Ugly Naomi Osaka twist in Roger Federer's French Open withdrawal

·Sports Editor
·5-min read
Roger Federer and Naomi Osaka, pictured here at the French Open.
Roger Federer and Naomi Osaka both withdrew from the French Open, albeit in different circumstances. Image: Getty

Naomi Osaka has inevitably been dragged into Roger Federer's shock decision to withdraw from Roland Garros, with many slamming the French Open's response to both situations.

Federer stunned the tennis world on Sunday when he pulled out of the French Open a day after winning a tough third-round match that finished close to 1am.

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The 39-year-old didn't specify that he was injured, simply saying he was opting to save himself for the grass-court season and what would be a fairytale 21st grand slam title at Wimbledon.

"After two knee operations and more than a year of rehabilitation, it's important that I listen to my body and not rush back into competition," he said.

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Federer's decision has sparked some backlash in the tennis world, mostly around the fact that he denied third-round opponent Dominik Koepfer a place in the fourth-round and a bigger payday.

However French Open officials were full of praise when reacting to Federer's withdrawal, despite it seemingly being against the spirit of the sport.

"The Roland Garros tournament is sorry about the withdrawal of Roger Federer, who put up an incredible fight last night," said Guy Forget, the tournament director.

"We were all delighted to see Roger back in Paris, where he played three high-level matches. We wish him all the best for the rest of the season."

Forget's response was in complete contrast to the way he and other French Open officials responded to Osaka's decision to skip her press conferences in Paris due to mental health reasons.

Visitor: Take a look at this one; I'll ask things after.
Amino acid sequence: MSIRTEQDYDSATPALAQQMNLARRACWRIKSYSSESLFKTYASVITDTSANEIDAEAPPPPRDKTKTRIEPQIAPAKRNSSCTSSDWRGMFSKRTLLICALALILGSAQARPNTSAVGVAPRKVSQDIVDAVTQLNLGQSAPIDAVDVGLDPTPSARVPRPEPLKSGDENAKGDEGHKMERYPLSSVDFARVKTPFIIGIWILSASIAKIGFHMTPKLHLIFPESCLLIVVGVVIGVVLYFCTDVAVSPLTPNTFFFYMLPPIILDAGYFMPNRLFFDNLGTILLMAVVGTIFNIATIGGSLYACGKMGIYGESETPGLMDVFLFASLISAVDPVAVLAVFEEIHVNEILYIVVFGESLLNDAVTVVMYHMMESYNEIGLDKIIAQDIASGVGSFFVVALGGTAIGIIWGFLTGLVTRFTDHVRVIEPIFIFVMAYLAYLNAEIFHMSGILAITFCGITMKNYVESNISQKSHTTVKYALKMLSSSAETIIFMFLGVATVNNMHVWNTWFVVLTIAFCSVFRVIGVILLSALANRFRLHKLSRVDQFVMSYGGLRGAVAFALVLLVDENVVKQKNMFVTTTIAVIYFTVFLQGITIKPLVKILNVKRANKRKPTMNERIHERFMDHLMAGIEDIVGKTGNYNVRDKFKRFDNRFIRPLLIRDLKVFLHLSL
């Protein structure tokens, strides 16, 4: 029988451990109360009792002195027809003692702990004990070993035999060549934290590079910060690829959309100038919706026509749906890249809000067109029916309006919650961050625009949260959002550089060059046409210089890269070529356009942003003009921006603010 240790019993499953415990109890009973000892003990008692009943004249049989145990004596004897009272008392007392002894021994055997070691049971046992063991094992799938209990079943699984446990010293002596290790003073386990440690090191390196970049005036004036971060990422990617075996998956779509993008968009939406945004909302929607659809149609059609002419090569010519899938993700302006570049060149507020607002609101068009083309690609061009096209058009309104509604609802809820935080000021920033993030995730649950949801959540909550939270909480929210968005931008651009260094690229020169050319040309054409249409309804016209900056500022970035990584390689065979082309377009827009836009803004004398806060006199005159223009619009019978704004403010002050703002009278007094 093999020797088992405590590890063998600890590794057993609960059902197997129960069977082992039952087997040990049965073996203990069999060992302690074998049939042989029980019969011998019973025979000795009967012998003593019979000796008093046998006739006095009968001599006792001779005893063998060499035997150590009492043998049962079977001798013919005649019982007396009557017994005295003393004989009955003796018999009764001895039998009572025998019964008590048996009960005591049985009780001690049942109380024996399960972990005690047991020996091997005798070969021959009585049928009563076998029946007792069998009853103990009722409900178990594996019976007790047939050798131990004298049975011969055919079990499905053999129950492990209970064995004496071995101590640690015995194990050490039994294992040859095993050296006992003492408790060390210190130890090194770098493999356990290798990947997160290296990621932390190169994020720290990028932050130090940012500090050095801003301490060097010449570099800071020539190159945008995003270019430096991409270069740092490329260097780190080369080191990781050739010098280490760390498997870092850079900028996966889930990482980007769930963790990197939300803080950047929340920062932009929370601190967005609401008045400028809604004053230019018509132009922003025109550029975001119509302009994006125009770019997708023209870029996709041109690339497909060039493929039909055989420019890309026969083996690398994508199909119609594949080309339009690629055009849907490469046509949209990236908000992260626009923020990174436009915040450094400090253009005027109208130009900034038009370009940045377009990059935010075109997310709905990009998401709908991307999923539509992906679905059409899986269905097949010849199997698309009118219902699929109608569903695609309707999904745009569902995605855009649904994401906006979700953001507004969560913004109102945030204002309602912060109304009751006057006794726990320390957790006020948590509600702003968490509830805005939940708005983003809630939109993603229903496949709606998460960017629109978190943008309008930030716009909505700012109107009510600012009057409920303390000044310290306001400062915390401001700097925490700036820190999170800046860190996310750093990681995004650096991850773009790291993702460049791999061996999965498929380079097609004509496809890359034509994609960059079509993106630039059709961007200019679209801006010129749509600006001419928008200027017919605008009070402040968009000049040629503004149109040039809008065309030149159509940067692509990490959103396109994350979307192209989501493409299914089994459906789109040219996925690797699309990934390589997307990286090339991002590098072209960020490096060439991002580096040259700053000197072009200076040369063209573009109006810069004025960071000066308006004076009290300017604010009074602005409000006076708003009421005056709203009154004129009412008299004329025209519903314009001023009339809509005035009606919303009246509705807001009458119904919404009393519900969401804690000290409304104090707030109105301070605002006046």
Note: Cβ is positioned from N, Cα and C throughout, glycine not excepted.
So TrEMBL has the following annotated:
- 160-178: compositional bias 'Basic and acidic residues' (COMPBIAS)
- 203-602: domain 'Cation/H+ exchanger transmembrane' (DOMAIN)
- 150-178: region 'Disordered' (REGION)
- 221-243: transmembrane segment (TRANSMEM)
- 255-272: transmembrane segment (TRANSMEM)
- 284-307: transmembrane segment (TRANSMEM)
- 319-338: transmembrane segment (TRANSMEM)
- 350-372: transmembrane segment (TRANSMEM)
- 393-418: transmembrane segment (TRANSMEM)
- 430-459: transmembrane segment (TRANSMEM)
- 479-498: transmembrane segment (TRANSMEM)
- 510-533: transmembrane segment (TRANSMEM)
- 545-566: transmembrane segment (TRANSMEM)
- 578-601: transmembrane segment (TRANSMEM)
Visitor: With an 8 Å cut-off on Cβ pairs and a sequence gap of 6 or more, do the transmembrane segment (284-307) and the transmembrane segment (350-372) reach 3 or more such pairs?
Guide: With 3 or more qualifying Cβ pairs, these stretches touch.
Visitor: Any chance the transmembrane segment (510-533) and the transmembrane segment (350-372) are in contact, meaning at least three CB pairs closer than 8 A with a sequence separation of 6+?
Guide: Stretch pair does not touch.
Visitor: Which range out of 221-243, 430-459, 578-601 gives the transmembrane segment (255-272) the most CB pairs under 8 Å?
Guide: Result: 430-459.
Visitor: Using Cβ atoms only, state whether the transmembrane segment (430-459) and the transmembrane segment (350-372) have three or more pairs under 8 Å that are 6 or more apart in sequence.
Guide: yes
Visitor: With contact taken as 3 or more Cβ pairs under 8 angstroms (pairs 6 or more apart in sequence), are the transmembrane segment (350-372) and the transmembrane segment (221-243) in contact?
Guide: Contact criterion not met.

Organisers initially slammed Osaka and threatened her with expulsion from the tournament, before she eventually withdrew of her own accord.

"I think this is a phenomenal mistake. It shows to what extent today (the need) that there is strong governance in tennis," French Tennis Federation President Gilles Moretton initially said of Osaka.

"What is happening there is, in my opinion, not acceptable. We will stick to the laws and rules for penalties and fines."

Fans and pundits were quick to point out the disparity between responses to the situations involving Osaka and Federer, while retired American player Mardy Fish said the French Open only had themselves to blame for both.

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Roger Federer cops backlash over French Open withdrawal

While Federer has copped some backlash, the level of vitriol hasn't been the same as when Osaka first announced her intention to boycott media commitments.

But American greats John and Patrick McEnroe were two high-profile names to criticise Federer.

“I understand it, but I don’t like it. It’s just not a great look to pull out of a tournament in the middle," Patrick McEnroe told the New York Times.

“It’s one thing if you sprain an ankle badly and finish a match on adrenaline. Those things happen. But it’s another thing when you kind of go into a tournament knowing that you probably aren’t going to be able to really finish the tournament."

Roger Federer, pictured here after beating Dominik Koepfer at the French Open.
Roger Federer leaves the court after beating Dominik Koepfer at the French Open. (Photo by MARTIN BUREAU/AFP via Getty Images)

John McEnroe was also gobsmacked, telling NBC: “Perhaps Roger might have done the magnanimous thing and defaulted match point up (against Koepfer) … but that’s easy for me to say from Malibu."

While Former Australian Open tournament director Paul McNamee criticised Federer on Twitter, writing: "You're not at a candy store, able to pick and choose which matches you play, as your actions affect others, and the tournament."

However Chris Evert said Federer is "free to do whatever he wants".

"He has paid his dues, he's 39, his goal is Wimbledon on the grass, his dream tournament, where the rallies are shorter and it favours mobility and power," she said.

"I think he surprised himself that he got to the second week of the French. I think he was using it as practice matches but obviously with the wear and tear, when he hasn't played for such a long time, takes its toll on a 39-year-old body.

"I'm 100% behind him and it shouldn't be a knock to the tournament. He wants to be the best prepared for Wimbledon."

with agencies

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